Those involved in stadium safety at Hillsborough should have identified areas of risk, a stadium expert told the new inquests into the 96 deaths.
Structural engineer John Cutlack, who has more than 34 years’ experience and has designed stands at Newcastle United and Arsenal, was asked about the risk of crushing after the jury looked at a list of British stadia incidents.
Michael Mansfield QC, who represents a group of the Hillsborough families, said that between 1923 and 1989, when Lord Justice Taylor reported on Hillsborough, there were eight reports on crowd control and safety in Britain.
Questioning Mr Cutlack on day 20 of the inquests, Mr Mansfield said: “Those who were concerned with safety therefore at football stadia throughout this period should have been aware of that risk, shouldn’t they?”
Mr Cutlack replied: “I would think that anybody who was involved in football stadia, who was following what was happening, should certainly have been aware of it.”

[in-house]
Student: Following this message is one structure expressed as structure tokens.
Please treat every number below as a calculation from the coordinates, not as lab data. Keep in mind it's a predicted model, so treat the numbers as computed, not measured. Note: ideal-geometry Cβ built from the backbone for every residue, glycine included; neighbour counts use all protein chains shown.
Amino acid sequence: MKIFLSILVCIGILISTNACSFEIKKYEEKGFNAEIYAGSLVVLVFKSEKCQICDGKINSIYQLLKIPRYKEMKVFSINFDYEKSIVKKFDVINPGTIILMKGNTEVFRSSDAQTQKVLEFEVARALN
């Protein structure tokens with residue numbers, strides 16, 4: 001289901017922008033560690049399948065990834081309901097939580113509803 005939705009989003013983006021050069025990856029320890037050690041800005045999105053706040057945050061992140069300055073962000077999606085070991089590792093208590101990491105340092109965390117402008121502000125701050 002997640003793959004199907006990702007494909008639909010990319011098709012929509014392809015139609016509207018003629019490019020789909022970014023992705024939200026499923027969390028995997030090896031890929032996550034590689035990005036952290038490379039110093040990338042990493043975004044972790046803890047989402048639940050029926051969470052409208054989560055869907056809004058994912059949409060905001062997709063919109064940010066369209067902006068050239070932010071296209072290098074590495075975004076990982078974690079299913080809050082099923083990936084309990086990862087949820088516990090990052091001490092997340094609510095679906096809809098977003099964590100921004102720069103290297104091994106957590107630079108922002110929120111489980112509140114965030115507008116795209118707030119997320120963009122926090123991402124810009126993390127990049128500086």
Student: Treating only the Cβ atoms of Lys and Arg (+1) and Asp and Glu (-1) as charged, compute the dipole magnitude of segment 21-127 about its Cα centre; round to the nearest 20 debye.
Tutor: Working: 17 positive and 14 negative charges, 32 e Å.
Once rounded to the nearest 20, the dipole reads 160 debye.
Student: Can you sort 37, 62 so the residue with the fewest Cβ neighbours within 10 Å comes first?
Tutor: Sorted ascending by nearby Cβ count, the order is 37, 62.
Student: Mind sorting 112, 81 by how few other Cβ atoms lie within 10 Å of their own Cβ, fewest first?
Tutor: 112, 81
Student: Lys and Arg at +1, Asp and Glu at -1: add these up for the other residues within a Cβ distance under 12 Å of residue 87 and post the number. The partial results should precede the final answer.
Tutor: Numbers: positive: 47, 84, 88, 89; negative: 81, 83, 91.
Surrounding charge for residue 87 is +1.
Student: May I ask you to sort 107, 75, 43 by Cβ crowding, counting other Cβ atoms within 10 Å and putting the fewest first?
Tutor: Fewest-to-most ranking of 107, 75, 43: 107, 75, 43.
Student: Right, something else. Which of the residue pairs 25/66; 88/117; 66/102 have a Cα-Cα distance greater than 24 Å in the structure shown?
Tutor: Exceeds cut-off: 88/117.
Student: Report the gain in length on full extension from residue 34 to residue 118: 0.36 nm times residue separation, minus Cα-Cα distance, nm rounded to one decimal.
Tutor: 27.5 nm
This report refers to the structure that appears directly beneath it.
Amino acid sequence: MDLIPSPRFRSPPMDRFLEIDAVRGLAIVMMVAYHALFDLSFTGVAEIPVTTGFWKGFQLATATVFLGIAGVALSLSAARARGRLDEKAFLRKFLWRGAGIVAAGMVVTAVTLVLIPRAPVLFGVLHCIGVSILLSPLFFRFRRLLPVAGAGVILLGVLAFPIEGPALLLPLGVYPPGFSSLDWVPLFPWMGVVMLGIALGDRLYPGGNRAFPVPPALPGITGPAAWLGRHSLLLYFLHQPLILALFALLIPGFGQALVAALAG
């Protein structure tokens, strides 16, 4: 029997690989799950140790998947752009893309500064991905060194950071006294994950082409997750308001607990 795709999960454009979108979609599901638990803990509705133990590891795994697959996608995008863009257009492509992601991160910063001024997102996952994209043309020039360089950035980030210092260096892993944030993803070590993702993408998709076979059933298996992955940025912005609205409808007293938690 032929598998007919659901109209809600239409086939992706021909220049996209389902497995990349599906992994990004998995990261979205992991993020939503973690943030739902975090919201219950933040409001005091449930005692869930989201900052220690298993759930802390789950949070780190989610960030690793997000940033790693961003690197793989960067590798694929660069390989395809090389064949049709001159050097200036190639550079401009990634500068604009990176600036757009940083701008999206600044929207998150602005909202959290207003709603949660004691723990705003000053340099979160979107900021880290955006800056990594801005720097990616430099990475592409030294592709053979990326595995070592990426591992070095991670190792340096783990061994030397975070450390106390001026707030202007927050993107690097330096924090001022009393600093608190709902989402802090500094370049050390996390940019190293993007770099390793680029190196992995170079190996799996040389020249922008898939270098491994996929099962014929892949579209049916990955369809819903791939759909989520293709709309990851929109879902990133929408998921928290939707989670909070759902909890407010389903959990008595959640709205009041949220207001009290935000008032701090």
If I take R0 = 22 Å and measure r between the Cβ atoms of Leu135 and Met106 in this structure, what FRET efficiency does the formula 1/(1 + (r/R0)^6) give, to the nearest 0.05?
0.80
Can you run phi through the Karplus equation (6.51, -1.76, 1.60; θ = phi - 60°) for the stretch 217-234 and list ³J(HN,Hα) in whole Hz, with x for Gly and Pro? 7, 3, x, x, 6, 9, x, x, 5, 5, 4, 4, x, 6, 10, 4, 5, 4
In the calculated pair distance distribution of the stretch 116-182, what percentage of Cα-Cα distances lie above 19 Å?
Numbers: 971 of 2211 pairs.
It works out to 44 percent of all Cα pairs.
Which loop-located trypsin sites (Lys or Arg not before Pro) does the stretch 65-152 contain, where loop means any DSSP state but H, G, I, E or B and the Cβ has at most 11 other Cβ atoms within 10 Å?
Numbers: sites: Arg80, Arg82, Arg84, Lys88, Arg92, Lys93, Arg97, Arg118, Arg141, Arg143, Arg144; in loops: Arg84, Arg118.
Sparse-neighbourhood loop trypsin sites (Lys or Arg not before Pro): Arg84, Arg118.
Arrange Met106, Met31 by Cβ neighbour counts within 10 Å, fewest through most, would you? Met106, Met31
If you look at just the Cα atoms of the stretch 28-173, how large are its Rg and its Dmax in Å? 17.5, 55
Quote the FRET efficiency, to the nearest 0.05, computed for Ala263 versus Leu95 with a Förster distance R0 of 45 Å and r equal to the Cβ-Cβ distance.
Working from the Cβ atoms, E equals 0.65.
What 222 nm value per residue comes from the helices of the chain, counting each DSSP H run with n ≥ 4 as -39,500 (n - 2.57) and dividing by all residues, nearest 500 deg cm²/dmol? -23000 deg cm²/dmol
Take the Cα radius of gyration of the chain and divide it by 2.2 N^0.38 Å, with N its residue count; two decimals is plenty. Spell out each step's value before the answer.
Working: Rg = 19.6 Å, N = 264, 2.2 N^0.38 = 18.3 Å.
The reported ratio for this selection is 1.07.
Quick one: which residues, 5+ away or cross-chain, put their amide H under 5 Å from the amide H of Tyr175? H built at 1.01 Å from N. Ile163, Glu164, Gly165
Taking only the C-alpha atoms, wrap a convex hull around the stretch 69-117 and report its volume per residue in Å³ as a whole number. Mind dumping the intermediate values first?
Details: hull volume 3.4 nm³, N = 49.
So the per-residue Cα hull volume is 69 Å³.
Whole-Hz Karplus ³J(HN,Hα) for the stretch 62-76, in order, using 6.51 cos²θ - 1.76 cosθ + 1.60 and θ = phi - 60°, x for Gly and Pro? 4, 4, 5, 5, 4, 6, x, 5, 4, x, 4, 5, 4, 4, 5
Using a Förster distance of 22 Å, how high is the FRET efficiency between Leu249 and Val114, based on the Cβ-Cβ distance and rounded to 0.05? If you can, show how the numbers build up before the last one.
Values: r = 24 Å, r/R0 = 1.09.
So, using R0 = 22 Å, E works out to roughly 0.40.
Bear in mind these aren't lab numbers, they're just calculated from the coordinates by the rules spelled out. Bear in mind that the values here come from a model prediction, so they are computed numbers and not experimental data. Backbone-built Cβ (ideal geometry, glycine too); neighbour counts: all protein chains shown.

Mr Mansfield said: “The risk of crushing should have been known not just to those who follow stadium safety, but those who become involved in stadium safety, even if they haven’t followed it before?”
Mr Cutlack replied: “I think if you are in a position of being involved in stadium safety then you have a duty to find out about what that entails and, therefore, you would be expected to identify what those areas of risk are.”
Earlier, the jury heard the stadium passed its annual ground safety inspection the year before the disaster.
Safety consultants Eastwood and Partners issued a certificate in August 1988, following the inspection.